Reporting Traditions Means We’ve Lost Sight of the Scale of October 7

Israel protest terror - 03/02

One of the first things many of us learn when we get into journalism is to personalise big issues. Tell a story. You often hear journalists express how they want to “tell peoples’ stories” or similar. It is hard to process the big numbers and the big picture, but we can all latch on to individual stories. 

Normally, such an approach serves reporters well. However, it seems to have failed in discussing the October 7 atrocities and the subsequent war in Gaza.

Journalists covering the Hamas attacks have written about individual hostages or individuals murdered. We should. I did it myself when writing about meeting the families of some hostages and a documentary about the Nova music festival for The Spectator. However, in doing so, the scale of what Hamas did has been lost. As the Washington Institute’s Robert Satloff explained:

Numbers: By latest count, the attacks by Hamas—the Arabic acronym for the Islamic Resistance Movement—killed more than 1,300 Israelis and third-country nationals, including at least 29 Americans, in a country whose population is less than 10 million. In America, that would be equivalent to killing nearly 40,000—13 times more than the number of Al Qaeda victims on 9/11.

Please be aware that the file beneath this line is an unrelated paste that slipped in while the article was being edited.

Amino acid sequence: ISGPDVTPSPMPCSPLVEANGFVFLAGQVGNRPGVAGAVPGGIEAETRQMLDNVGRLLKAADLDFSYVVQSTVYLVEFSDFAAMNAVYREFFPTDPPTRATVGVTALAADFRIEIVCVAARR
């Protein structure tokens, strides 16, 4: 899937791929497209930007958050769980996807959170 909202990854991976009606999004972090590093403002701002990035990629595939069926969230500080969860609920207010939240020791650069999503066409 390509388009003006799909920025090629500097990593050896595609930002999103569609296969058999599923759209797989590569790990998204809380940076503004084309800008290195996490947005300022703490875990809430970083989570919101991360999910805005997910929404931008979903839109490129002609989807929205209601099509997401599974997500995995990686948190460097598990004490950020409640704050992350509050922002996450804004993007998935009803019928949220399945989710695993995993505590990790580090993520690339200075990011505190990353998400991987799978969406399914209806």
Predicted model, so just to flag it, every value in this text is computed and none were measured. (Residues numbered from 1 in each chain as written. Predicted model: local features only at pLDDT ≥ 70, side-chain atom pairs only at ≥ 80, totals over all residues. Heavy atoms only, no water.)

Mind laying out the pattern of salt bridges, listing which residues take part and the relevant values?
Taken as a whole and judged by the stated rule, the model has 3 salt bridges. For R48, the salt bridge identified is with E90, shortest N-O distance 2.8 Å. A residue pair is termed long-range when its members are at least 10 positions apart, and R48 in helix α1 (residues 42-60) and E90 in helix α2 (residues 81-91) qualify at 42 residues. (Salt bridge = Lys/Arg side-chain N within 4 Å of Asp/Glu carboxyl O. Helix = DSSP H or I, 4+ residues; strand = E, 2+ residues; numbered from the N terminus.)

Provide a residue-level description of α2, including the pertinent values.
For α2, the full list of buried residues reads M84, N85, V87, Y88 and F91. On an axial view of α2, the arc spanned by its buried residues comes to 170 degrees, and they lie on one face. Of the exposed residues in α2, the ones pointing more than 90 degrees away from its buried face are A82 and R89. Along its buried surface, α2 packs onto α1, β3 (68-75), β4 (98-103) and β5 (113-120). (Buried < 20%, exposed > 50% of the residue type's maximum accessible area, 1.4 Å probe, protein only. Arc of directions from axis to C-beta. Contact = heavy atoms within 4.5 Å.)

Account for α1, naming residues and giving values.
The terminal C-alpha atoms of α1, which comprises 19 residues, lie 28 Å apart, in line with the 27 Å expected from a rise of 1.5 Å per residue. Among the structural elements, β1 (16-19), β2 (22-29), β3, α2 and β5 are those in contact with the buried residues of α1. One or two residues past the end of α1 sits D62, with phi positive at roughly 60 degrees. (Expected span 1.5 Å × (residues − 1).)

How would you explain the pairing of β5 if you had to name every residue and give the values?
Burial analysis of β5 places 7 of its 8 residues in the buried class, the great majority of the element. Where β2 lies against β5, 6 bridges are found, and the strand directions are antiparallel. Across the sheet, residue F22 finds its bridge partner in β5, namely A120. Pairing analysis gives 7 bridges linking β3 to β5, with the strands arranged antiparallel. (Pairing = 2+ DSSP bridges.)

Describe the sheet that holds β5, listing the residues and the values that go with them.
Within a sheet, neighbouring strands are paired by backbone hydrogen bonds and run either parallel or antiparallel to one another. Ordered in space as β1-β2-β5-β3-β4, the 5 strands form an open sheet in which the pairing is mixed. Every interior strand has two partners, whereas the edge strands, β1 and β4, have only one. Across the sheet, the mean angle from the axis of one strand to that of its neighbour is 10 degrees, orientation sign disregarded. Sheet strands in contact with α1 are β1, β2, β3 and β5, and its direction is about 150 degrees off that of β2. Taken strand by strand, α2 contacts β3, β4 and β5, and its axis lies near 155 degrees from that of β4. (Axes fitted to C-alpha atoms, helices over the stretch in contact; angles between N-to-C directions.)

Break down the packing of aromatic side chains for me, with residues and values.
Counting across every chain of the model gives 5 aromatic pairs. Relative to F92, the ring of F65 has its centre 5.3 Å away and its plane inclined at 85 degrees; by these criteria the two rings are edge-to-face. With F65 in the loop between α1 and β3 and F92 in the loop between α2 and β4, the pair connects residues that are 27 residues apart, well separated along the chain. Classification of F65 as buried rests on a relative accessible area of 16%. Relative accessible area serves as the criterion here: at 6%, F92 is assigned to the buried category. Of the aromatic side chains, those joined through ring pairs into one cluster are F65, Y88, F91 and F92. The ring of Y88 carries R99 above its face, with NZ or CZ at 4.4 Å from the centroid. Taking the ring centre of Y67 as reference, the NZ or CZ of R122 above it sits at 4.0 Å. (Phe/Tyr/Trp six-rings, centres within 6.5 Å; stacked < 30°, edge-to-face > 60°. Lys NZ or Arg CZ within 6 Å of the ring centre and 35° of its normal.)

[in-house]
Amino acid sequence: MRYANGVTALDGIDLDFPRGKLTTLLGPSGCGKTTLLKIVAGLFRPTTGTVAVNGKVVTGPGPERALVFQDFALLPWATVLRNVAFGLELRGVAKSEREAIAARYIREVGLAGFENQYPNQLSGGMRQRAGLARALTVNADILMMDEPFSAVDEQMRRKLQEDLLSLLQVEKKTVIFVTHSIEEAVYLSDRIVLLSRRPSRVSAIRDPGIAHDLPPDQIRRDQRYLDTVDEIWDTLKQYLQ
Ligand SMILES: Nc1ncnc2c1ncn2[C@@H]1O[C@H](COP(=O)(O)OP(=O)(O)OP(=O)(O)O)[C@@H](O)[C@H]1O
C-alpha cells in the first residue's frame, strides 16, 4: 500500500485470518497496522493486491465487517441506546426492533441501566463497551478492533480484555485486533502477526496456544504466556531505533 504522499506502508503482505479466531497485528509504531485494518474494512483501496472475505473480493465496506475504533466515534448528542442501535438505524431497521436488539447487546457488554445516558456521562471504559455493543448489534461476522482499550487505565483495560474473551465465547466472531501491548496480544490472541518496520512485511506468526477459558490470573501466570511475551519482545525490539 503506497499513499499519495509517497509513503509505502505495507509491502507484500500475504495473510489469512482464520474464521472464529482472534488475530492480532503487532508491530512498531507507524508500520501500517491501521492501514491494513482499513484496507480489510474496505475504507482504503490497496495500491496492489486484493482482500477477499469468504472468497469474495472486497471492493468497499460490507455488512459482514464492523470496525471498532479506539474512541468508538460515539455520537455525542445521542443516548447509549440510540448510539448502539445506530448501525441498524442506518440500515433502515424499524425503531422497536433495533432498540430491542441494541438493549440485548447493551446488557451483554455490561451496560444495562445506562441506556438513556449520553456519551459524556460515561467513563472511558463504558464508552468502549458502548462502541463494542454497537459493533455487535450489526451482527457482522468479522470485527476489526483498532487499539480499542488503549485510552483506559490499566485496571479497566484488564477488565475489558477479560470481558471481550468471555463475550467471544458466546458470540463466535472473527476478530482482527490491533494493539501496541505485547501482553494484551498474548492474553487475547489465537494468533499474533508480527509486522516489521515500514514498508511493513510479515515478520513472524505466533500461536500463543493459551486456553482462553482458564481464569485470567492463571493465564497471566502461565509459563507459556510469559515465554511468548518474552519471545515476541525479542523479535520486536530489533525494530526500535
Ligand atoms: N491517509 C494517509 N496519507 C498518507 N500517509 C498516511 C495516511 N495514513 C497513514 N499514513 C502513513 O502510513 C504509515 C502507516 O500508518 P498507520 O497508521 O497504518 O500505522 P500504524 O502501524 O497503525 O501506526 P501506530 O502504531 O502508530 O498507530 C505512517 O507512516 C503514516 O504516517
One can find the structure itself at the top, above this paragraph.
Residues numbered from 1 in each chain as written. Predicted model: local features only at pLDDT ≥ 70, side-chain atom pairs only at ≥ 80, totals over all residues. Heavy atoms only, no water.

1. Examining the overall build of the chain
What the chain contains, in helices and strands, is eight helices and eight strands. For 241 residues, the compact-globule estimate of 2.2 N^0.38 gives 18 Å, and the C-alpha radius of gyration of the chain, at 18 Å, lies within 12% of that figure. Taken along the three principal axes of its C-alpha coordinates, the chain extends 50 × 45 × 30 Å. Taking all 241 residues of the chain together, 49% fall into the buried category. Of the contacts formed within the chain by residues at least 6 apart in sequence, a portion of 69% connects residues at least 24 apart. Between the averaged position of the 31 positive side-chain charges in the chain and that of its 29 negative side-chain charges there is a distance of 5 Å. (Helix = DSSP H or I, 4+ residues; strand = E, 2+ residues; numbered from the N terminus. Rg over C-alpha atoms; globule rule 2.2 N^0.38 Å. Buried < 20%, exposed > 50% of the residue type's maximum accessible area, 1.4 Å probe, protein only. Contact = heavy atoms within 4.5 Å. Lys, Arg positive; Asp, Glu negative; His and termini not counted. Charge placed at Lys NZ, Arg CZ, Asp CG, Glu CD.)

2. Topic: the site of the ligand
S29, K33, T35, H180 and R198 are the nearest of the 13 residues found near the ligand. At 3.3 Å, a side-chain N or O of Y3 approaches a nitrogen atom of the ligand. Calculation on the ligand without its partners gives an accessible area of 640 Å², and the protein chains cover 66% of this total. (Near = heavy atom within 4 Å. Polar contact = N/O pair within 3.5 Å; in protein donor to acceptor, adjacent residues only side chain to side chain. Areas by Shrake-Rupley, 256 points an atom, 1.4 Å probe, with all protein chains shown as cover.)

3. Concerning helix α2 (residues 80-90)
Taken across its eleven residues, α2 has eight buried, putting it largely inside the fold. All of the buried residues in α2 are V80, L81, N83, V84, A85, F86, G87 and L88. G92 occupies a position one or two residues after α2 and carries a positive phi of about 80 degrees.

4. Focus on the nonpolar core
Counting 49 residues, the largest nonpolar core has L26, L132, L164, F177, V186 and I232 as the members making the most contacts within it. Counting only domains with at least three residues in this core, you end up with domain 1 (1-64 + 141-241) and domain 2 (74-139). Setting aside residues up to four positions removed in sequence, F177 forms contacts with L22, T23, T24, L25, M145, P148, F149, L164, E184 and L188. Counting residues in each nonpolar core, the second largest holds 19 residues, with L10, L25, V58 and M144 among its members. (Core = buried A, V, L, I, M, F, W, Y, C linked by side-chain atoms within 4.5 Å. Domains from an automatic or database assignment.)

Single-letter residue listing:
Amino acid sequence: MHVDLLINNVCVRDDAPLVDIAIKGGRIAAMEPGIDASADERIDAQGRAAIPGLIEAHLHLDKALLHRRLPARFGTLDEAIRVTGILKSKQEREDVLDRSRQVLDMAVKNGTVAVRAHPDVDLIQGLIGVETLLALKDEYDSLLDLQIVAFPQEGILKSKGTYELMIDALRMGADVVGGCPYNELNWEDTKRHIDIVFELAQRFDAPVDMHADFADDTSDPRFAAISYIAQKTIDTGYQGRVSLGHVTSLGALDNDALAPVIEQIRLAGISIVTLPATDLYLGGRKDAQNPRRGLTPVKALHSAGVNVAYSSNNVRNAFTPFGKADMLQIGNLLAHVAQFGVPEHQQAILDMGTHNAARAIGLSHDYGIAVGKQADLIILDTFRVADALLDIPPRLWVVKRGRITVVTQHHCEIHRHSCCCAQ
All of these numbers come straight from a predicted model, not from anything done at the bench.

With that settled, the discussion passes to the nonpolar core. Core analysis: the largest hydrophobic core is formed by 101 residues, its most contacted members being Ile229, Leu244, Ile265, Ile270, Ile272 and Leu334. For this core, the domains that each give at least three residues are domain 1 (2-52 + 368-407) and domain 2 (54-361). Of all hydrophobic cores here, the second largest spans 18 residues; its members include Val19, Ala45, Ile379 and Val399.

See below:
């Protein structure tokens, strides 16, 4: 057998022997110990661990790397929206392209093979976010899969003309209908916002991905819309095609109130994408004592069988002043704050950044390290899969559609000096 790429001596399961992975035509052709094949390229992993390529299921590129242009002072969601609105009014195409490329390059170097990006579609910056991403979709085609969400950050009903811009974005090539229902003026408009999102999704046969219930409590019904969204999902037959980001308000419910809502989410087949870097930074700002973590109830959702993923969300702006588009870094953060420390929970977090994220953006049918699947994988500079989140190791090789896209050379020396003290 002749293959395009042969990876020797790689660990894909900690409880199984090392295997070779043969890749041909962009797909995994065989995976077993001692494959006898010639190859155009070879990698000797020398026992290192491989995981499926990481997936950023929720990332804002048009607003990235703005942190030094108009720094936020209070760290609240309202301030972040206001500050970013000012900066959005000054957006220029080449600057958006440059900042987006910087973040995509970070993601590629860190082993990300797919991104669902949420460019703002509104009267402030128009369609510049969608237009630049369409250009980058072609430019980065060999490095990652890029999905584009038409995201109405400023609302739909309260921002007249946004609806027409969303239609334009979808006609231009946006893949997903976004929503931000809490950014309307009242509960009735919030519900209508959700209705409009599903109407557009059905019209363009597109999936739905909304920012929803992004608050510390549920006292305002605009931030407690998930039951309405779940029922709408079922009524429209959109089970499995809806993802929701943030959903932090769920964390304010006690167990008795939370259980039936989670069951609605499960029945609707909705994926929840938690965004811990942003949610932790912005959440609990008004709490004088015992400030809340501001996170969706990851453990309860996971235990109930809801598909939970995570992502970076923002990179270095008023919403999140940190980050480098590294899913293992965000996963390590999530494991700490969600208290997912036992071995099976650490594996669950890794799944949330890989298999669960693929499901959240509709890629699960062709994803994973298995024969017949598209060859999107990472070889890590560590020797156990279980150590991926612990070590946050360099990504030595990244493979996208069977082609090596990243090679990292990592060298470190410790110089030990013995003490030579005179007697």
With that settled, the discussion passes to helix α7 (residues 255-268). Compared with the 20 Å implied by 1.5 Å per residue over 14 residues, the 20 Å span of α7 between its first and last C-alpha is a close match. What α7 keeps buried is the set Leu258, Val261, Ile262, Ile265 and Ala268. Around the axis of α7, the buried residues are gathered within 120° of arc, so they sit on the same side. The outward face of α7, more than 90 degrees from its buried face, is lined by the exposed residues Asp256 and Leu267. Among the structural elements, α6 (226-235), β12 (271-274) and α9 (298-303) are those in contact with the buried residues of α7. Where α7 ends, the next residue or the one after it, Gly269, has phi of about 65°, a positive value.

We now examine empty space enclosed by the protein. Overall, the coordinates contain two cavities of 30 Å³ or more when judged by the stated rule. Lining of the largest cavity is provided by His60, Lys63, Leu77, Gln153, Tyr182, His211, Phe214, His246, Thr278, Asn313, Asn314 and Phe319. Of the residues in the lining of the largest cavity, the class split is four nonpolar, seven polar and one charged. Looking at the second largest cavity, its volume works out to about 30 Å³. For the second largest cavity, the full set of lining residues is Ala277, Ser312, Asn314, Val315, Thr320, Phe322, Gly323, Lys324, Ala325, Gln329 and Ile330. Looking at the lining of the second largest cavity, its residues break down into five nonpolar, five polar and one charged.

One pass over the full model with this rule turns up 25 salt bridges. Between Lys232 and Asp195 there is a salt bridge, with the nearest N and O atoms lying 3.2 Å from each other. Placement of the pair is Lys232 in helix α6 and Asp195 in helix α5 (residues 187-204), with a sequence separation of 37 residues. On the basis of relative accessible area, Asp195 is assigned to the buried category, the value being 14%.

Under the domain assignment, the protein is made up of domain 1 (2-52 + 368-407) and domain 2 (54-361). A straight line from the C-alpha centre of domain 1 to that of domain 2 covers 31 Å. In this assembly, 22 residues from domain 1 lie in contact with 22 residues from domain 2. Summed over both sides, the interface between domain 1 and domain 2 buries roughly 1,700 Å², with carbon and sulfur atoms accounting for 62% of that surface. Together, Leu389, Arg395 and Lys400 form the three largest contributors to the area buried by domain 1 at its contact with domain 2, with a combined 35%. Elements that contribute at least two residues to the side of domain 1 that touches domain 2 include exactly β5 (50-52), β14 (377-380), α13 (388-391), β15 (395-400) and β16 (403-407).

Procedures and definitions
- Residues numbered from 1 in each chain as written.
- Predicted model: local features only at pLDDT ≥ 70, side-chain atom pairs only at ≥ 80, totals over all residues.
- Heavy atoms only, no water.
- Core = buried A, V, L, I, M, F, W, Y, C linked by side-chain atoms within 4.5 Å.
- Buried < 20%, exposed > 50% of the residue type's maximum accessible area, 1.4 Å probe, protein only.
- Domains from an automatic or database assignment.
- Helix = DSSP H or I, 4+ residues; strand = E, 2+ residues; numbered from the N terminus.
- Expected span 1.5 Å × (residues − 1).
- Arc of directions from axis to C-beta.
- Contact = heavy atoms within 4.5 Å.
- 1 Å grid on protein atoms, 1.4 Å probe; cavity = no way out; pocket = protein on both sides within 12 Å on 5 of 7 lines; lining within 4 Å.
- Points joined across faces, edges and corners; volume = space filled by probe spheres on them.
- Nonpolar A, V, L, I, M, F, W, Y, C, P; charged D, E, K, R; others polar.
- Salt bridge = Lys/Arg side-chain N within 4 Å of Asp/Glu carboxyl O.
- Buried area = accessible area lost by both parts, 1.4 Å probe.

(It should be noted, more recent death tolls put the number at around 1200, but that hardly reduces the obscenity of what occurred nor the salience of the point Satloff is making.)   

I absolutely do not want to diminish the scale of the suffering and death endured by Palestinian civilians. Death and war are not a football match during which we compare the scores of each side.

Remember the names of those murdered. Call for the release of each individual hostage. At the same time, make sure the sheer vastness of the horror that took place on October 7, the trigger for this war, is not forgotten either.

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